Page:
Twisted Pictures

Produced by Mark Burg, Gregg Hoffman and Oren Koules

Directed by James Wan

Screenplay by Leigh Whannell

Based on a story by James Wan and Leigh Whannell

Before we get into the review of SAW I guess I should explain my feelings on horror movies so here it is put as bluntly and as honestly as I can: I find most of ‘em absolutely and totally stupid.  Oh, I can sit and watch ‘em on a pure entertainment level and derive a great deal of satisfaction from them but I’m not scared by them and I listen to people who talk about how terrified they were by “The Texas Chainsaw Massacre” or “The Amityville Horror” and I have to ask them if they’re serious.  The first time I saw “The Texas Chainsaw Massacre” I was shushed by my friends because I was laughing out loud in the theatre as I truly thought the movie was a spoof of the genre since I couldn’t honestly believe anybody would take the material seriously.  People in horror movies act entirely too stupidly to be believable and it’s because of lazy screenwriters who simply see their characters as objects to be used to achieve their ends.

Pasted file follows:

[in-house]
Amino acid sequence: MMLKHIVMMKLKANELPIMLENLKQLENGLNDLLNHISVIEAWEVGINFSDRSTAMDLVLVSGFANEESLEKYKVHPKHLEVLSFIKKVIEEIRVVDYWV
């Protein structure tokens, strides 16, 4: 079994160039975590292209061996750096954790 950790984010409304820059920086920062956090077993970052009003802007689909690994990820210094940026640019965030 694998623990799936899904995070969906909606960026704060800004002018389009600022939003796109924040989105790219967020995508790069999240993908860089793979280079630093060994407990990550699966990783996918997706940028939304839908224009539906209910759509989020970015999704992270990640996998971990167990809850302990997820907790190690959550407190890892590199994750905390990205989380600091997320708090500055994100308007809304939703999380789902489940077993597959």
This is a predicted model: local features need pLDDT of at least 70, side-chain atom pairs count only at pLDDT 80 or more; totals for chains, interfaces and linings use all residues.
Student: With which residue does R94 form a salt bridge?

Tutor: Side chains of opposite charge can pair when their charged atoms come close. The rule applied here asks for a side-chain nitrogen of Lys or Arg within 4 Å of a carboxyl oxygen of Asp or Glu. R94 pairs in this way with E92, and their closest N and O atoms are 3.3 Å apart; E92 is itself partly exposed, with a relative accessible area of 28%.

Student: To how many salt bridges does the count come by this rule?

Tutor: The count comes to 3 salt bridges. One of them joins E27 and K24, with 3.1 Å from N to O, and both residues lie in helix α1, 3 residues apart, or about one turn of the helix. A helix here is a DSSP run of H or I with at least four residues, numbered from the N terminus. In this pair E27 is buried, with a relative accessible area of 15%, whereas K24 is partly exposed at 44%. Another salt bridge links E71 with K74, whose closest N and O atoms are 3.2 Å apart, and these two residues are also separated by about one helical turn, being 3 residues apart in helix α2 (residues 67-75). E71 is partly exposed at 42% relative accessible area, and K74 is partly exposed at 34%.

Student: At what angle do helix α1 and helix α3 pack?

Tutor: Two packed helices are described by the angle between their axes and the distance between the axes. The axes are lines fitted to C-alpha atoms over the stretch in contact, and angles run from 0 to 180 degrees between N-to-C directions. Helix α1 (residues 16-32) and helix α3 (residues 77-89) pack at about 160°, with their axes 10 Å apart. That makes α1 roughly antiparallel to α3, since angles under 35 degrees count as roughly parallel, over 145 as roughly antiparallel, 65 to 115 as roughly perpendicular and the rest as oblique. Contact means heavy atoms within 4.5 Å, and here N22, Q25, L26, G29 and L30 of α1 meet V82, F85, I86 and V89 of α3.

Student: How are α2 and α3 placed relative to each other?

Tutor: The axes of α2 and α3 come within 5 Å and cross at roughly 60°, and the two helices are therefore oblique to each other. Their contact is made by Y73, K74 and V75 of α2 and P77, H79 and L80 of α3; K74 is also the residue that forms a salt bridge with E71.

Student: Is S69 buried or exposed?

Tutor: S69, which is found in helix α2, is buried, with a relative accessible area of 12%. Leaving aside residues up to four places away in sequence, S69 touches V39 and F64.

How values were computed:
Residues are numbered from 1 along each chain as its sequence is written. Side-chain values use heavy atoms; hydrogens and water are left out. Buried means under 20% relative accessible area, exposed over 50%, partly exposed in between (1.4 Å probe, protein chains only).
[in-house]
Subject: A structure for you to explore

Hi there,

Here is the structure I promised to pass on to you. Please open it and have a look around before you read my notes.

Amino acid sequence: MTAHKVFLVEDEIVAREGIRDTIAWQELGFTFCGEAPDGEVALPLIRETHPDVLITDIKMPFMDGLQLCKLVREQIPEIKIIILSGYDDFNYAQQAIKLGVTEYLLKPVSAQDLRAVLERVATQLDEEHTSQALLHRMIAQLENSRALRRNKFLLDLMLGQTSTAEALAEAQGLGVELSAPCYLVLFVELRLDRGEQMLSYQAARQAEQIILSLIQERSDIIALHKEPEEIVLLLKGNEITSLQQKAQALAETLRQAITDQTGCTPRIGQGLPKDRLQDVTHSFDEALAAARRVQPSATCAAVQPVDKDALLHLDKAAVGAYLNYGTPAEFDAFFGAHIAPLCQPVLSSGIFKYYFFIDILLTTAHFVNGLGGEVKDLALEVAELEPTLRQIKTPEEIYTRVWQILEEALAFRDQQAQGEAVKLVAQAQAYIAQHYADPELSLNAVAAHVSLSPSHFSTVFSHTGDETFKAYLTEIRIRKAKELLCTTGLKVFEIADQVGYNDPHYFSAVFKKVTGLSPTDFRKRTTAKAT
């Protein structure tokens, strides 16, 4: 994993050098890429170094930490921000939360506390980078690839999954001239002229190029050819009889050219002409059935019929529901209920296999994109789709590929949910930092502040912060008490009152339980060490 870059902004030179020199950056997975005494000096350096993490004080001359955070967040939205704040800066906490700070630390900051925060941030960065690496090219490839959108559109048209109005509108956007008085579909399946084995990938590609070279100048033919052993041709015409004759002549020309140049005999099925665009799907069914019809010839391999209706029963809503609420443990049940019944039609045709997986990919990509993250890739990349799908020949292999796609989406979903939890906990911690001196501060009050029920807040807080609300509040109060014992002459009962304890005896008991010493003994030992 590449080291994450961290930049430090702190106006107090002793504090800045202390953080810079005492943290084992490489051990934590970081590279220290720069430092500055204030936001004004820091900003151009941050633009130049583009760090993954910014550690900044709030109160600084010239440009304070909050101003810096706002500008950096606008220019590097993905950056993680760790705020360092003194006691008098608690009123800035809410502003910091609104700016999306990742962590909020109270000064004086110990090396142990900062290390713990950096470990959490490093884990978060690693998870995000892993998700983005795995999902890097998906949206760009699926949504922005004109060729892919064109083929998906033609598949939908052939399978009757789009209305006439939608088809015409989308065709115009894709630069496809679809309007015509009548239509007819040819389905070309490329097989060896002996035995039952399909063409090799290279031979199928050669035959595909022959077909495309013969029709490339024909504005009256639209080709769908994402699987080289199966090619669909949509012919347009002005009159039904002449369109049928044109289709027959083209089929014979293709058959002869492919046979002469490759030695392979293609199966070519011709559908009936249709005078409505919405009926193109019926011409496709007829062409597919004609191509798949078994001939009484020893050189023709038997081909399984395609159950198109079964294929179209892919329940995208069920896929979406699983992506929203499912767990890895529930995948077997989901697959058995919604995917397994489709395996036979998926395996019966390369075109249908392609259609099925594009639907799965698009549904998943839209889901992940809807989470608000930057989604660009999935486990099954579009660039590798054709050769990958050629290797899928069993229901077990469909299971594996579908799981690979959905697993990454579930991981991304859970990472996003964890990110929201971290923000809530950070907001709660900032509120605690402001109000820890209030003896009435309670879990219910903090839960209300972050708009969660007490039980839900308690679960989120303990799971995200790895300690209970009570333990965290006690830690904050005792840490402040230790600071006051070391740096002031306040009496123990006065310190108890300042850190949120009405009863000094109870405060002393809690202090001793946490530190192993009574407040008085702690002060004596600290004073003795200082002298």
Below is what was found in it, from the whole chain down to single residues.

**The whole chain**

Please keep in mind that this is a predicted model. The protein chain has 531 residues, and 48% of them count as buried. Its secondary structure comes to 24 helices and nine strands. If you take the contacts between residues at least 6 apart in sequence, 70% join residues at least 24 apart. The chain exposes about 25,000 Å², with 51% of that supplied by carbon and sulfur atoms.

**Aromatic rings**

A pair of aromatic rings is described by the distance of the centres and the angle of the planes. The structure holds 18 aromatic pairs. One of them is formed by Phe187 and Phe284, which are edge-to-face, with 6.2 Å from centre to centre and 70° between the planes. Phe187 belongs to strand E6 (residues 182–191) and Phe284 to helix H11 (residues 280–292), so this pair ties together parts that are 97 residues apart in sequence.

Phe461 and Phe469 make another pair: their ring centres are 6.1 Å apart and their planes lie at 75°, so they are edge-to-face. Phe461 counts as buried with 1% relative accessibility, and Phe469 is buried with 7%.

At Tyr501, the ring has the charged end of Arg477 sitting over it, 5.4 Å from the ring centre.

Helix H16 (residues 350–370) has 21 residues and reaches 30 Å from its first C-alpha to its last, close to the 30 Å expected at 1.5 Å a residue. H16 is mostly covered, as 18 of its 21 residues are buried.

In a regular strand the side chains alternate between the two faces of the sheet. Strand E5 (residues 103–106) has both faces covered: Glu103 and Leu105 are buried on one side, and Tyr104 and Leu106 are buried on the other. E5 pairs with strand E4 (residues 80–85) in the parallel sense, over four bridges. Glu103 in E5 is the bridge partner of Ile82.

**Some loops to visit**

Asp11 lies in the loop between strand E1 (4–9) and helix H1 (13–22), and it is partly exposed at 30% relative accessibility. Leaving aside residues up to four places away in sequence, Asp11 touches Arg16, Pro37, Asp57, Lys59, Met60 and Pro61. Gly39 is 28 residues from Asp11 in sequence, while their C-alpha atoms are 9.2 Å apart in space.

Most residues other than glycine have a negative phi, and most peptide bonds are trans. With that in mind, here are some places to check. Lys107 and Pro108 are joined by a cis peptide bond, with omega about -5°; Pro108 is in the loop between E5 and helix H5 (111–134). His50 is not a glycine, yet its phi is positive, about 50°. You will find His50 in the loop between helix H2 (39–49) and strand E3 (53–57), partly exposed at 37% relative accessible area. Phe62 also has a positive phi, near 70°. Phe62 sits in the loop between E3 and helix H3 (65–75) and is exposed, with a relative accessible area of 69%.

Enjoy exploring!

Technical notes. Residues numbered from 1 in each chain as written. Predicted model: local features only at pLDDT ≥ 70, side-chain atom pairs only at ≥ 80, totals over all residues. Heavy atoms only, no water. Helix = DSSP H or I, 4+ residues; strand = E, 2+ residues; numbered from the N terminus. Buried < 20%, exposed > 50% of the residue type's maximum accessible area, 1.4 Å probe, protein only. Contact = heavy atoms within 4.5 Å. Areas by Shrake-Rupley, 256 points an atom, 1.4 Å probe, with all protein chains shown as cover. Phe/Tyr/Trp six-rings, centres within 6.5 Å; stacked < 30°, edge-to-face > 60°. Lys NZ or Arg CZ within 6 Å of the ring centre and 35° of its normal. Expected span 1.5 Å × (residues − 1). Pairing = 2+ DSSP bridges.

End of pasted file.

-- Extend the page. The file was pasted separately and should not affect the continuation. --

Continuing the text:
Now that’s not to say that there aren’t horror movies I’ve seen and enjoyed but what I consider real horror movies are movies such as “Night Of The Hunter” “In Cold Blood” “Psycho” “The Out-Of-Towners” “Lady In A Cage” or “Whatever Happened To Baby Jane?” where the situations are presented in a logical and believable manner.  Real Life doesn’t have to make sense but Fiction does and when you present me with a situation that falls apart when I stop to take five minutes to think about it, you’ve lost me.  And that’s the main problem with SAW.